View Full Version : Looking at buying this lens...

5-Jul-2008, 15:48
Hey hey all,

I'm looking at buying this lens for my newly purchased (and yet to have received Graphic View II) but really wasn't sure how to mount it. The camera I'm getting comes with an extra board, but I guess what I wanted to be sure of is that I could attach this to my camera easily. I'll attach two pictures to show you. It's a Bausch and Lomb Rapid Rectilinear lens.

Thanks in advance!


Neil Purling
5-Jul-2008, 23:43
Is there any special reason why you would want a rapid rectilinear? Just wondering as you would need a focal length if 6"/150mm to cover 4x5 with the lens wide open. The image circle does expand a little on stopping down. Possibly not enough to utilise the tilts and swings of a view camera, though you would probably get the 'swirlies' if you used the lens wide-open. The 'Unicum' shutter employs two vulcanite blades that blink like human eyelids. The air damper may be excessively worn & the speeds may not be very accurate.
You would probably be better off going for something like a 150mm Symmar or a G-Claron.
Some of these old rapid rectilinear's can be surprisingly sharp. My Beck Biplanat compares quite well to a G-Claron on sharpness. Contrast may not be as high with a uncoated lens, which is something to note. Obviously I don't expect the Beck to be sharp right into the corners. The Beck is also in a 'Unicum' which always jammed half-closed so I removed the twin shutter blades. I shot with slow speed graphic arts film for my comparison.

5-Jul-2008, 23:54
A lot of it was the price, since it's just 20 dollars I figured it would be nice to play around with. The person I'm buying from did say the shutter was working, but doesn't know about the speeds, and I'm sure it is off. I'm pretty sure I'll end up buying it, was just hoping I could really mount it up to the camera. I do want a lens with "The swirlies", but I don't really know what lenses are best at that.

Thanks for all the input, I'll certainly look in to the other lenses you mentioned as well!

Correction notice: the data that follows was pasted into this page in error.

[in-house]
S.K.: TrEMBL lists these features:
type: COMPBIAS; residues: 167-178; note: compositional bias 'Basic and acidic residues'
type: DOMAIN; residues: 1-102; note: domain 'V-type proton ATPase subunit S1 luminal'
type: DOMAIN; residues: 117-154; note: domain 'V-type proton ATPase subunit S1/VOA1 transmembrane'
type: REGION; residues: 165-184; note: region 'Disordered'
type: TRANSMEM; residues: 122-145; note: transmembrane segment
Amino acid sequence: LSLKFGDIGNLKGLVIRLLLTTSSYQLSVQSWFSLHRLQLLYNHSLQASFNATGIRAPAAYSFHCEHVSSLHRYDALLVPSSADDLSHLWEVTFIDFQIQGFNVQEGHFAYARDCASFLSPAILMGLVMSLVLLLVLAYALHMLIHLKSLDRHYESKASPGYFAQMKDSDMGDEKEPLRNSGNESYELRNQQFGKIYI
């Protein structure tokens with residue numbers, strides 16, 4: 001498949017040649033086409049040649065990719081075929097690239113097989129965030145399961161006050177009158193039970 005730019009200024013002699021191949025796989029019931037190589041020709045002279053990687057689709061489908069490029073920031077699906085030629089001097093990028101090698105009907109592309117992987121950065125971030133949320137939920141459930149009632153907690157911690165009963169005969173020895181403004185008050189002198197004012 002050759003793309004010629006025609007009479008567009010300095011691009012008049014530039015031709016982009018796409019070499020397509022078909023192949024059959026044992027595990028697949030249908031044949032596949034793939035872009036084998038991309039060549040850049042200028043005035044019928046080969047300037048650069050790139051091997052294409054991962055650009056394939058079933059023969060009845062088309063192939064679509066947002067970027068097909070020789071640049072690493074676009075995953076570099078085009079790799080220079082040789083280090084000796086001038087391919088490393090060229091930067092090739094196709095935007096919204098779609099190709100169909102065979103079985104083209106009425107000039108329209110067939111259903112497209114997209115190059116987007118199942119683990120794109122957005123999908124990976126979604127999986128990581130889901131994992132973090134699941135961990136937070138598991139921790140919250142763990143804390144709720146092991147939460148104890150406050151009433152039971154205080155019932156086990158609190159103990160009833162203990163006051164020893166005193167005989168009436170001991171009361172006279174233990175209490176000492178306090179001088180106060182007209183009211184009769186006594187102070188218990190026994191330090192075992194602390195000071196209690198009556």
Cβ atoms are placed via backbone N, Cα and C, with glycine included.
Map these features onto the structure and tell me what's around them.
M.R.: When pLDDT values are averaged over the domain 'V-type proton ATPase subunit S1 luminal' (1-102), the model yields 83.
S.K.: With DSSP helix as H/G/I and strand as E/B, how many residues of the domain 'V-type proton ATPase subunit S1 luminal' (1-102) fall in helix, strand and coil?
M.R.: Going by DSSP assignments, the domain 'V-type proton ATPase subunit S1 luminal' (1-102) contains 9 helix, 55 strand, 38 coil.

Ernest Purdum
6-Jul-2008, 07:40
The lens is mounted to a threaded flange which is fastened to the lensboard by three or four very small screws. The flanges are rather hard to loicate when missing. Gluing directly to the board is possible, but somewhat hazardous to the lens.

Unless you're sure of the focal length, try a cardboard lensboard first to make sure that the lens is going to be usable.

John Kasaian
6-Jul-2008, 08:25
What you'll want is a Graphic "C" board---4"x4" and fairly common as the Anny Speed Graphics used them as well as a host of other cameras.

If you want swirlies scope out what old magic lantern lenses are available on the 'bay for your best $20 bet. Rapid rectilinears claim to fame was as an improvement to the swirly old glass.

Rudolph Kingslake has a bit about those swirly lenses in his book History of The Photographic Lens( if I recollect the correct title) so a trip to the library might be in order to hedge your bet :)

Mark Sawyer
6-Jul-2008, 09:13
For $20, you should buy it just because it's so darned cute! In the photos it looks like it has a retaining ring screwed on the back of the lens. Unscrew that, put the rear of the lens through a properly sized hole in a lensboard, and screw the ring back on to hold it in place.

If that's not a retaining ring, a hot glue gun holds lighter lenses like this pretty well, and usually peels of cleanly withour damaging the lens if you ever want to remove it. (I wouldn't trust it on a large or heavy lens, though...)

As Neil said, it's probably a pretty sharp lens. Old shutters are always a question mark, but for $20, take a chance! As for the swirlies, try it and see...

6-Jul-2008, 09:20
It will probably make a good portrait lens with defined sharpness in the center and pleasing fuzziness at the perimeter. However, it will be almost useless for landscapes as it will not be sharp in the corners and will offer very little coverage. RR's can be good for landscapes but go with a longer focal length or a wide angle version (f16).

6-Jul-2008, 11:42

I know, it is damn cute! I couldn't get over the look of it myself, I'm not used to seeing such lenses, so it was kind of a first for me. I would probably be using it for a good bit of portrait type work, so it should be great for that it seems.


Thanks for the tip on the book, I'm all for hedging bets! I am pretty attracted to the swirlies that I've seen, some what surreal or whatever those artists might call it.

Thanks for all the help guys, I'll post some pics as soon as I get it mounted up :D